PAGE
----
Heaven’s remuda improved by one fine mare on February 8, leaving this planet one short, with the passing of Roxy (aka Whizards Baby Doll), best known as horsewoman Stacy Westfall’s bareback and bridleless mount. She sustained traumatic injury after apparently becoming cast in her stall sometime during the night of Feb. 5. Many will best remember Roxy from a video that went viral on the Internet in which Stacy rode her with no bridle or saddle, winning the Freestyle Reining Championship at the 2006 American Quarter Horse Congress. The performance, coming less than a month after Stacy’s father passed away, touched an appreciative audience worldwide.
One person quite moved by the ride was TV personality Ellen DeGeneres, who invited Stacy and Roxy to appear on her show. Roxy, ever the lady, gave Ellen a memorable ride, and charmed the live studio audience by coaxing peppermints from Stacy.
Roxy first came to Stacy and her husband, Jesse, for training as a two-year-old. “I was the first one to ride her,” Stacy recalls. Not long after her arrival, the Westfalls had an opportunity to buy her, but couldn’t afford to. “One of our other clients had asked us to keep an eye out for a good horse, so when we couldn’t get Roxy, Jesse suggest he should.” That client, Greg Gessner, bought Roxy and kept her in training with the Westfalls.
“It was the perfect partnership,” Stacy says. “Greg believed in us — in Roxy, and Jesse and me. There aren’t many owners who would let a fairly unproven trainer do something as crazy as ride in a competition with no bridle, let alone saddle. But he always wanted what was best for Roxy. He loved her.”
And Greg never looked back. “I truly feel blessed by God to have Jesse and Stacy in my life working with me and Roxy. I never once doubted their abilities or judgment. And while Roxy was my horse, it was always clear she loved Stacy.”
Roxy was ten months pregnant carrying her first foal on the night she had her mishap. Greg had her scheduled to move to a foaling facility in time for her early March delivery date, but since the move had not yet happened, she was in a large foaling stall at home. It was Greg who discovered Roxy in her stall early on the morning of Feb. 6. Although she was standing, she was favoring one back leg, and her nose and one knee had abrasions, most likely from the struggle to get up after having laid down. The stall showed signs of that struggle.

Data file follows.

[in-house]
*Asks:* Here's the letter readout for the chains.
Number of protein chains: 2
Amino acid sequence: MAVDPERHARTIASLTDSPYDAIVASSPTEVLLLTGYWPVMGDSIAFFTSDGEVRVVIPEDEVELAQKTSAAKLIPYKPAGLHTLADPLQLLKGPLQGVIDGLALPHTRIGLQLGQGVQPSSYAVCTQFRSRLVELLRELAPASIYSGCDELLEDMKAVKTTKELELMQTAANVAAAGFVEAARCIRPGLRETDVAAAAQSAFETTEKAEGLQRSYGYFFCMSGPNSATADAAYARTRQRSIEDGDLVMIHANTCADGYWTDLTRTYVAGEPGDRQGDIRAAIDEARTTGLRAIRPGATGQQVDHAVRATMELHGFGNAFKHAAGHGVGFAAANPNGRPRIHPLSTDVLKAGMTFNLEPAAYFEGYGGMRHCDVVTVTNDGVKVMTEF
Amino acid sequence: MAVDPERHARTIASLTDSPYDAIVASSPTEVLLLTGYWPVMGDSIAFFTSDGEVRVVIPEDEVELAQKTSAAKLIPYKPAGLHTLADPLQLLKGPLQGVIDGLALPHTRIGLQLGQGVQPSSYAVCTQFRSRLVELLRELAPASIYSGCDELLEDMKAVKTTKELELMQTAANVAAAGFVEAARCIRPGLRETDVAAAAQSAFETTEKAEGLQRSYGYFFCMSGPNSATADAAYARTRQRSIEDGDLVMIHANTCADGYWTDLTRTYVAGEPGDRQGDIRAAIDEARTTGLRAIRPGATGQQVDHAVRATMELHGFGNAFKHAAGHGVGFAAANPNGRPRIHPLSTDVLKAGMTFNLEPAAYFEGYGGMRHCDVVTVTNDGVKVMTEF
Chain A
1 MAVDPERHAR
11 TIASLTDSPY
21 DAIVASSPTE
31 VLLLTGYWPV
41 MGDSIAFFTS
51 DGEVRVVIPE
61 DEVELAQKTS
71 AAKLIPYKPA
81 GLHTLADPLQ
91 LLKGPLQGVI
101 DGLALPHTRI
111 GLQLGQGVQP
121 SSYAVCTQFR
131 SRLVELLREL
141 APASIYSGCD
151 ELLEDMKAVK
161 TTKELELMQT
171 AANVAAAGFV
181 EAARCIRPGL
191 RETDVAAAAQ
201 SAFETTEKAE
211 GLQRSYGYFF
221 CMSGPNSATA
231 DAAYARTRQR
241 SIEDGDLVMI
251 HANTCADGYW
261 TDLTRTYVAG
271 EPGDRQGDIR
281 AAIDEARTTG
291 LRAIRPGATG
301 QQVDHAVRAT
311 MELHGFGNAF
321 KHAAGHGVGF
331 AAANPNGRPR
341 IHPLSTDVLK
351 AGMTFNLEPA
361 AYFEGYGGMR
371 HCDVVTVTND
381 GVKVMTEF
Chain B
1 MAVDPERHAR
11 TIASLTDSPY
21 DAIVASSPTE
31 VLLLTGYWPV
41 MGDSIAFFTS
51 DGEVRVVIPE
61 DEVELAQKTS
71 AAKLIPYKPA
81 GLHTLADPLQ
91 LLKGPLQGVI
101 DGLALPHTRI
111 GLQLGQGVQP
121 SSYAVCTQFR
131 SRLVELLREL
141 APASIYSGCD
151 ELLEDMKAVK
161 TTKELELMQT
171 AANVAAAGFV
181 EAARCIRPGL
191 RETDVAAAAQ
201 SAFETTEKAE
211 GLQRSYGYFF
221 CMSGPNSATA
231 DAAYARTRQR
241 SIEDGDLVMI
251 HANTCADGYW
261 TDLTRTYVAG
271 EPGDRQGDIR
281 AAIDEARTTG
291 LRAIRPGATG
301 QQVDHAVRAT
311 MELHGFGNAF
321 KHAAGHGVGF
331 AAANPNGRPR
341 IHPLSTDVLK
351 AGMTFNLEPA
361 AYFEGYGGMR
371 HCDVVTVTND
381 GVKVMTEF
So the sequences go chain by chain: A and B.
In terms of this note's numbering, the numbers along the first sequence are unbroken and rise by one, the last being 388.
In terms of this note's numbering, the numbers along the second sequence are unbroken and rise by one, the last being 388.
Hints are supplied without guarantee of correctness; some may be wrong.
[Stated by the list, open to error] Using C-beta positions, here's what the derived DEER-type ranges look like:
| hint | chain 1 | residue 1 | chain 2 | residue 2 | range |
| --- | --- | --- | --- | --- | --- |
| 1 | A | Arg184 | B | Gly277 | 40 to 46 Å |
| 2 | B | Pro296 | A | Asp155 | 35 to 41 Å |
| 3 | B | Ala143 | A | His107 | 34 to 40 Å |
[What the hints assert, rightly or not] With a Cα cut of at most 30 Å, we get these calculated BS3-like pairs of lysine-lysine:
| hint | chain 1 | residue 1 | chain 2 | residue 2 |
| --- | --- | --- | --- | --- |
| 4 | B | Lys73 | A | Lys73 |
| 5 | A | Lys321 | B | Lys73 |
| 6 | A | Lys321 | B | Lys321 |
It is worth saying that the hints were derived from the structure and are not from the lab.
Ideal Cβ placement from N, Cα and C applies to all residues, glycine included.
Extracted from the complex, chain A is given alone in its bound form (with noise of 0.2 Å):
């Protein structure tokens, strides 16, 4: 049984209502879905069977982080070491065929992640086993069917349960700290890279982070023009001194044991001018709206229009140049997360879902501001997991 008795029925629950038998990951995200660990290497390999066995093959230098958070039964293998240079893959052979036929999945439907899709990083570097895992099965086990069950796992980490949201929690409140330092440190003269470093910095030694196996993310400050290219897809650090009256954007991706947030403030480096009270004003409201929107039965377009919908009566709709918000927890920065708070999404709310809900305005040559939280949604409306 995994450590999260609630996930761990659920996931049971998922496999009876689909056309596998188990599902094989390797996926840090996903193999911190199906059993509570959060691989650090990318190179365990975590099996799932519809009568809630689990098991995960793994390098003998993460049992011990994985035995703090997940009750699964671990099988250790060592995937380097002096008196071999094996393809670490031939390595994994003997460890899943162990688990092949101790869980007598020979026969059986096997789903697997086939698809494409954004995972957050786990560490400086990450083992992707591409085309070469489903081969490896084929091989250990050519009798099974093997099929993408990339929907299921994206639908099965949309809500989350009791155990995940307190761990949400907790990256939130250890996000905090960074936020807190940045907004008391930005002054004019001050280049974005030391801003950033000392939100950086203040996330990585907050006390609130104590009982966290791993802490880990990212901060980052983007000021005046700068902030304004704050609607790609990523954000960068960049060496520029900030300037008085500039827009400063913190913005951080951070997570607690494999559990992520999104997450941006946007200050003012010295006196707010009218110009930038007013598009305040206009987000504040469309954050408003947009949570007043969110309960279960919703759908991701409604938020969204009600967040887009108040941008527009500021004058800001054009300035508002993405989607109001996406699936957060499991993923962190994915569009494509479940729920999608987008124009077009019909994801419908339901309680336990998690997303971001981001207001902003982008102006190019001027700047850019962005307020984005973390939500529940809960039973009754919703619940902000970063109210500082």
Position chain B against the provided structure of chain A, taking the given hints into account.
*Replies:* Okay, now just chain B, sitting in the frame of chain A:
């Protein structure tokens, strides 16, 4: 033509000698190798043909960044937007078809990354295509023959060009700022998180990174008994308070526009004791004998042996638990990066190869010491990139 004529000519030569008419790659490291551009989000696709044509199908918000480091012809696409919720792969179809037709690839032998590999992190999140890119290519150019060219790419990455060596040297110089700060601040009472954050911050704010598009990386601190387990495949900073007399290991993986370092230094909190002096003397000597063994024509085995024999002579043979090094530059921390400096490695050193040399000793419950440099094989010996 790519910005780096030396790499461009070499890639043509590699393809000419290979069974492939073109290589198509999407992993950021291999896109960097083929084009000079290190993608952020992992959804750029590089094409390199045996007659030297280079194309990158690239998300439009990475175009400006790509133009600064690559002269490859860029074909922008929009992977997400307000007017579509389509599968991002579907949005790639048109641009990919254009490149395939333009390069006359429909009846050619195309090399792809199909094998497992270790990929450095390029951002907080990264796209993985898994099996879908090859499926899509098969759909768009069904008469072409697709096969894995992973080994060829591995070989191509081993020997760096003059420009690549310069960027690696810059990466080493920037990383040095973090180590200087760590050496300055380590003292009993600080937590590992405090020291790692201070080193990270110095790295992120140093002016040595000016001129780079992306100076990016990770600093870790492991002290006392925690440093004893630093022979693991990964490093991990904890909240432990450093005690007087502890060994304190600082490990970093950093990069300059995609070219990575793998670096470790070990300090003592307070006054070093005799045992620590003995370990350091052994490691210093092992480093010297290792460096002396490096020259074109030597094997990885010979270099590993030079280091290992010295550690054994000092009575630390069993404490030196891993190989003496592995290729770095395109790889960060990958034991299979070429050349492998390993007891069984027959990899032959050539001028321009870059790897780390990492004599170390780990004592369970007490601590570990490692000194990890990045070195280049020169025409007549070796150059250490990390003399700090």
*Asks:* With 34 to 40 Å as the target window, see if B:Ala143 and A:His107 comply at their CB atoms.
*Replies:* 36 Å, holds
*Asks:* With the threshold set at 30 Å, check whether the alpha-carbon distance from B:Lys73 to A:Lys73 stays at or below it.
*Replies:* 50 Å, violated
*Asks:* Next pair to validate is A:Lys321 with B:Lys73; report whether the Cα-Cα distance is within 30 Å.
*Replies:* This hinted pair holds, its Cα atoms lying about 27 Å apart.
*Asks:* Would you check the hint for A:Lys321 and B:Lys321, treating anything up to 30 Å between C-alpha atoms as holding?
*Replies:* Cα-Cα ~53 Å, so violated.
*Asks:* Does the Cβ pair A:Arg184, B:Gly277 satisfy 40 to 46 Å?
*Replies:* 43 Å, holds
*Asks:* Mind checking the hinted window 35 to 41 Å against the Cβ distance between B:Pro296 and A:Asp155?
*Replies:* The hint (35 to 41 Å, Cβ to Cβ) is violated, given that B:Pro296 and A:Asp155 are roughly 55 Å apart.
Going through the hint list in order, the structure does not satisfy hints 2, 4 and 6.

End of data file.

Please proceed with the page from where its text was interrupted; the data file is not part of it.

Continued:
Greg called Roxy’s vet, Dr. Curt Honecker, who stopped by and began administering medications. As the day progressed, and Roxy’s discomfort grew, Greg and Dr. Honecker decided to take her to Valley View Animal Hospital in Dover, Ohio, where Roxy is well known and loved by the staff.
“Ever heard of the saying ‘You get one good dog in your lifetime?’ Well I think Roxy may have proved that true in the horse world. She truly was a once in a lifetime horse,” says Ashley McCahill an equine receptionist at Valley View.
Over the course of the next couple of days, Dr. Honecker and the staff did their best to make Roxy comfortable. Sadly, the tearing and shredding of the ligaments and muscles that occurred when Roxy struggled to rise was causing dramatic swelling in both flanks and upper stifles. Even in a sling, with morphine in her system, Roxy was unable to stand. Recognizing her rapidly progressing condition and severe pain, Dr. Honecker and Greg chose to humanely euthanize her.
“It was hard to make that decision,” says Greg. “But she didn’t deserve to be in pain. Knowing it was the right decision made it easier.”
The Valley View staff did their best to save the little, sorrel stud colt she was carrying, even though he was 30-days premature. They performed a C-section, but after two hours of oxygen support, the colt failed to respond and was also euthanized.
“I would have expected this mare to outlast my career,” Dr. Honacker says. “We’re going to miss her. Staff and visitors used to sneak back to have their pictures taken with her.”
A registered American Quarter Horse, Roxy (by Whizard Jac out of a daughter of Gunners Rambo) leaves behind a legacy of four offspring, all of whom were carried by recipient mares. But perhaps her greatest legacy is the glimpse of what is possible between a horse and a human — the image of she and Stacy, forever imprinted in the minds of those who have been lucky enough to witness them — two creatures, human and horse . . . bound by trust and love.
“What made her special was that she was willing to give so much of herself,” says Jesse Westfall. “She allowed herself to be developed into an amazing partner, a work of art. Not many horses, or people, are willing to do that.”
Roxy will be greatly missed by many; the Valley View staff, Greg Gessner, the Westfall family and all those inspired by her big heart.
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